We live in a time of healthcare transformation, thanks to the many innovative ideas and startups in the past years. Innovations happen when care providers, patients, and patient’s families face difficult situations that need better solutions.
When Dr. John Shufeldt entered medical school, it was with the clear goal to make a difference in people’s lives. He felt that it was a role he was born to do. He enjoyed practicing medicine and helping people, but it also opened his eyes to a range of problems and unmet needs, which led him to create solutions. That’s the start of John’s evolution to physician entrepreneurship.
One of his early ventures was NextCare Urgent Care, an urgent-care clinic in the Mesa area, which grew into a giant with more than 60 clinics in the span of 15 years. He eventually sold the company but did not stop creating new solutions to improve healthcare.
A week after John sold NextCare, he started MeMD, a virtual care company to provide online consultations. Getting into a primary care office often took weeks and many patients simply needed advice or a script refilled. John’s goal was to find a solution for those patients who did not have a doctor for a friend to get quick advice or a prescription.
John saw there were plenty of patients in the emergency department and urgent care centers that can be taken care of easily, virtually. “You can get an education online, you do your banking online. This is the future of health care. Not all health care but for a lot of health care.” John said. This was in 2010, so you can imagine how strange this concept was back then. Despite this, he persisted.
“We built it up over time,” John recalled. “And before the pandemic, we had about four and a half million subscribers. And then, of course, last year it just took off like a rocket.”
MeMD offers telehealth services for primary care, chronic care, 24/7 urgent care, and mental health. This virtual care company helps patients feel better and get better, no matter where the patients are located, any time of the day. Because it’s telehealth, patients don’t have to go to the clinic and wait for a long time in the patient room. This is a great benefit since patients don’t need to take a day off from work or wait for more than hours for a doctor’s appointment. They can get it at the time they chose, and for a significantly lower cost than many walk-in clinics.
The application process in MeMD is simple and intuitive. With only four steps, a patient can have access to a physician, anytime. MeMD was recently acquired by Walmart as part of their Omnihealth Strategy.
Sometimes, some solutions come by accident. When John was hired to be the CMO of a hospital on a reservation 90 miles from Phoenix, he wanted to make sure that they had access to board certified physicians which meant flying specialists up from the Valley every week. To accomplish this, he contracted with a helicopter transport service; however, sometimes when needed, he would fly them up himself.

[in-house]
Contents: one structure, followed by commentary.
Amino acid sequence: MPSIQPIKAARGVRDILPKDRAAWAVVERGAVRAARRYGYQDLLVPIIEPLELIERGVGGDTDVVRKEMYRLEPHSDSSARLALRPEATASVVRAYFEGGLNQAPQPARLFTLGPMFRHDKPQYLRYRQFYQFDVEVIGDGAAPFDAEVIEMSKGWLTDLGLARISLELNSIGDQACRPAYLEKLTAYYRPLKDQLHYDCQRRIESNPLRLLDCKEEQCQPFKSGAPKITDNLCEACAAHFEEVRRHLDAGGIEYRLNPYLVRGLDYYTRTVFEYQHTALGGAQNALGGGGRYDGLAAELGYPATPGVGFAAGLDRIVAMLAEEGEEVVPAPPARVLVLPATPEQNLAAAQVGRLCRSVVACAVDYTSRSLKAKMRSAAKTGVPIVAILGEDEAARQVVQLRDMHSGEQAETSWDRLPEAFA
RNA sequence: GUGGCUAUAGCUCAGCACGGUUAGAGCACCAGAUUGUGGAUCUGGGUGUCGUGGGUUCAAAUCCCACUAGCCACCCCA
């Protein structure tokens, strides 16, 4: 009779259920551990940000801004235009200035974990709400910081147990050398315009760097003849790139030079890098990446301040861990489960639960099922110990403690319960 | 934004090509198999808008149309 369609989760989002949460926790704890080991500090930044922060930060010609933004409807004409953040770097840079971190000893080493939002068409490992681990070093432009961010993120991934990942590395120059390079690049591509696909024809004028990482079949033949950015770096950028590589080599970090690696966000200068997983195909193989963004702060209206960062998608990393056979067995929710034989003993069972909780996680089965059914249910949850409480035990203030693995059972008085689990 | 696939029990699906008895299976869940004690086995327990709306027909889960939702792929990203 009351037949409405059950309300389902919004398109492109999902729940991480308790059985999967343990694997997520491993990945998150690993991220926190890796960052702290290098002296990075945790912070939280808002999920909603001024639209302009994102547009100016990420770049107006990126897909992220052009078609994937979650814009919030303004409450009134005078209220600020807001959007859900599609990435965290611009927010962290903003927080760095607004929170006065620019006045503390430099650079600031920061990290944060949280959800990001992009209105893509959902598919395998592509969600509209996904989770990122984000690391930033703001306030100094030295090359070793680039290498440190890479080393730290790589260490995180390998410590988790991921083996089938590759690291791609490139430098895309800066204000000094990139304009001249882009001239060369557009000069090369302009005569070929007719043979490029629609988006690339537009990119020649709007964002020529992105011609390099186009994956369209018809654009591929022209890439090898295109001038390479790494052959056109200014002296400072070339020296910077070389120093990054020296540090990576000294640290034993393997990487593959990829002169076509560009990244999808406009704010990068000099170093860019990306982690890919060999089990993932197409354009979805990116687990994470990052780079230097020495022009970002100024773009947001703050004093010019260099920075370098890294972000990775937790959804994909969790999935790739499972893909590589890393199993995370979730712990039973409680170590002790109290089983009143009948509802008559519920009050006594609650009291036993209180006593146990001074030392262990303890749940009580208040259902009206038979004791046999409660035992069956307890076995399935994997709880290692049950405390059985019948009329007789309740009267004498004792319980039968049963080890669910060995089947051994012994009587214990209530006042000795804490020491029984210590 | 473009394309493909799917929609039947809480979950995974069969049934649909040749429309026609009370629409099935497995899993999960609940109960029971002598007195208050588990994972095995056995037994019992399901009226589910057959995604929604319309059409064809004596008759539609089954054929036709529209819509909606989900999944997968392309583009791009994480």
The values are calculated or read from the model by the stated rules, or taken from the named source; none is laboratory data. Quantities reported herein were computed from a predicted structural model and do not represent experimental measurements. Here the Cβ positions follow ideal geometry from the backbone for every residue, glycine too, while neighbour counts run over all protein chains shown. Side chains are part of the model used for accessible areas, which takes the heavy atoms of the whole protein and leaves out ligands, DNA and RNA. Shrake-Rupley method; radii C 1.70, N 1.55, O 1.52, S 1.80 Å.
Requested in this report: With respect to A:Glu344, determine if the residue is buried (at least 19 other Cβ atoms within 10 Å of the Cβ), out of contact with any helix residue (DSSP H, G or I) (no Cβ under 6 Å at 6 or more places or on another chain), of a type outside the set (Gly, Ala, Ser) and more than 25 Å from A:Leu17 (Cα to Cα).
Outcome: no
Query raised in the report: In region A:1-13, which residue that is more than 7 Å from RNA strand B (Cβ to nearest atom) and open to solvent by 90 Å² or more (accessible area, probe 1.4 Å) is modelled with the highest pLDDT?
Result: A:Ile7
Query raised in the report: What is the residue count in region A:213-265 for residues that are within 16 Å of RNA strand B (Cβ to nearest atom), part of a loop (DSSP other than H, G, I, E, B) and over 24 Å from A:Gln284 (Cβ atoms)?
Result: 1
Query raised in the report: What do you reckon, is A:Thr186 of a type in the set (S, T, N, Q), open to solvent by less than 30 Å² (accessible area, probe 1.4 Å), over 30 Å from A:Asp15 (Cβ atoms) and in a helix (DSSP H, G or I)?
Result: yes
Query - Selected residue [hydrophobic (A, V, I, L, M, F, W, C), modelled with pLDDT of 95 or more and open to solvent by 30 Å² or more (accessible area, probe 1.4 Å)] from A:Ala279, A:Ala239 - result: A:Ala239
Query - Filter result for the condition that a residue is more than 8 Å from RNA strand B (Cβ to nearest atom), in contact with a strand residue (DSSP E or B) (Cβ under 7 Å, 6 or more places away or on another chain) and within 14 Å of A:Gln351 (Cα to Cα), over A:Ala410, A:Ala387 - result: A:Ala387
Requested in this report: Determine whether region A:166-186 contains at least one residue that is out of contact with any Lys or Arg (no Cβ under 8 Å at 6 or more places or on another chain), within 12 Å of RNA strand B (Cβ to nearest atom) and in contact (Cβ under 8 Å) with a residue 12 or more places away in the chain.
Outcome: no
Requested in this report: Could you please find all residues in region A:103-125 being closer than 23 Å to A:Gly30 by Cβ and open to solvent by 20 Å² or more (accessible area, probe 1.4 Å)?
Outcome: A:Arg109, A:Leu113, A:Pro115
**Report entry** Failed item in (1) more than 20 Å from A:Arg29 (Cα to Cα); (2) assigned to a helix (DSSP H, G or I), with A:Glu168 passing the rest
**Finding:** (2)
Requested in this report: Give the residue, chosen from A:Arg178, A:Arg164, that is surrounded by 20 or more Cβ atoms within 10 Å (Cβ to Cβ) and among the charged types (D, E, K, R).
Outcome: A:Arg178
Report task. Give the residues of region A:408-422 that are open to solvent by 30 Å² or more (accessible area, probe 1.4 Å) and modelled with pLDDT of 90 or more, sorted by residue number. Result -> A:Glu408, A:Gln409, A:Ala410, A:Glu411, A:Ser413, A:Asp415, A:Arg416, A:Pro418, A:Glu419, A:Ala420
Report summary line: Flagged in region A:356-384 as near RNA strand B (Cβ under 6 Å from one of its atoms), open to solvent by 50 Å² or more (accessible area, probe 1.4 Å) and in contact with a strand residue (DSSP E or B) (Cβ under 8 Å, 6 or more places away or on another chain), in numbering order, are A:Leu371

“Instead of tribal members driving 90 miles down to the valley, the specialist and physicians would fly up there. We transport them up there once or twice a month in a helicopter from Phoenix and it just made all the difference in the world since many of the patients had a difficult time traveling to and from the Reservation down to Phoenix .” John said.
Because the providers were coming up, the hospital did not have to figure out a way to get folks down to the valley and back home after their appointment. The transportation of physicians and specialists to the patients made a huge impact on the care being delivered to the tribe. Then John found out that other tribes also had challenges getting the best available emergency department care. Those facts led to the birth of Tribal EM.
Tribal EM is a medical management and staffing company that works only on indigenous lands. The company works exclusively with Tribal and Federal healthcare facilities throughout the US to lead, manage, and staff emergency departments. Its vision is to provide efficient and high-quality patient care with an emphasis on cultural sensitivity.
When asked about the impact of Tribal EM, John replied, “It’s the best thing I’ve ever done in healthcare because I feel like I’m making a multigenerational difference to a population of incredibly well-deserving patients who were often marginalized secondary to their physical location.”
Being both a doctor and an entrepreneur means double the fun, and over the years, John has learned much both from failures and success. All his experiences as an entrepreneur have honed his skills and helped him be a leading expert in medical entrepreneurship. He wants to share his knowledge with those who want to venture into the entrepreneurial world.
His book “Entrepreneur RX: The Physician’s Guide to Starting a Business” is coming out June 1st, and it is packed with strategies that helped him develop and nurture his successful businesses. If you want to be confident in your entrepreneurial journey, this book is for you.
To learn more about Dr. John Shufeldt, you can visit his website at johnshufeldtmd.com.
Listen to my exciting interview with John here: https://outcomesrocket.health/john-shufeldt/2021/03/
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Burgess Harrison Executive Director at
National Minority Health Association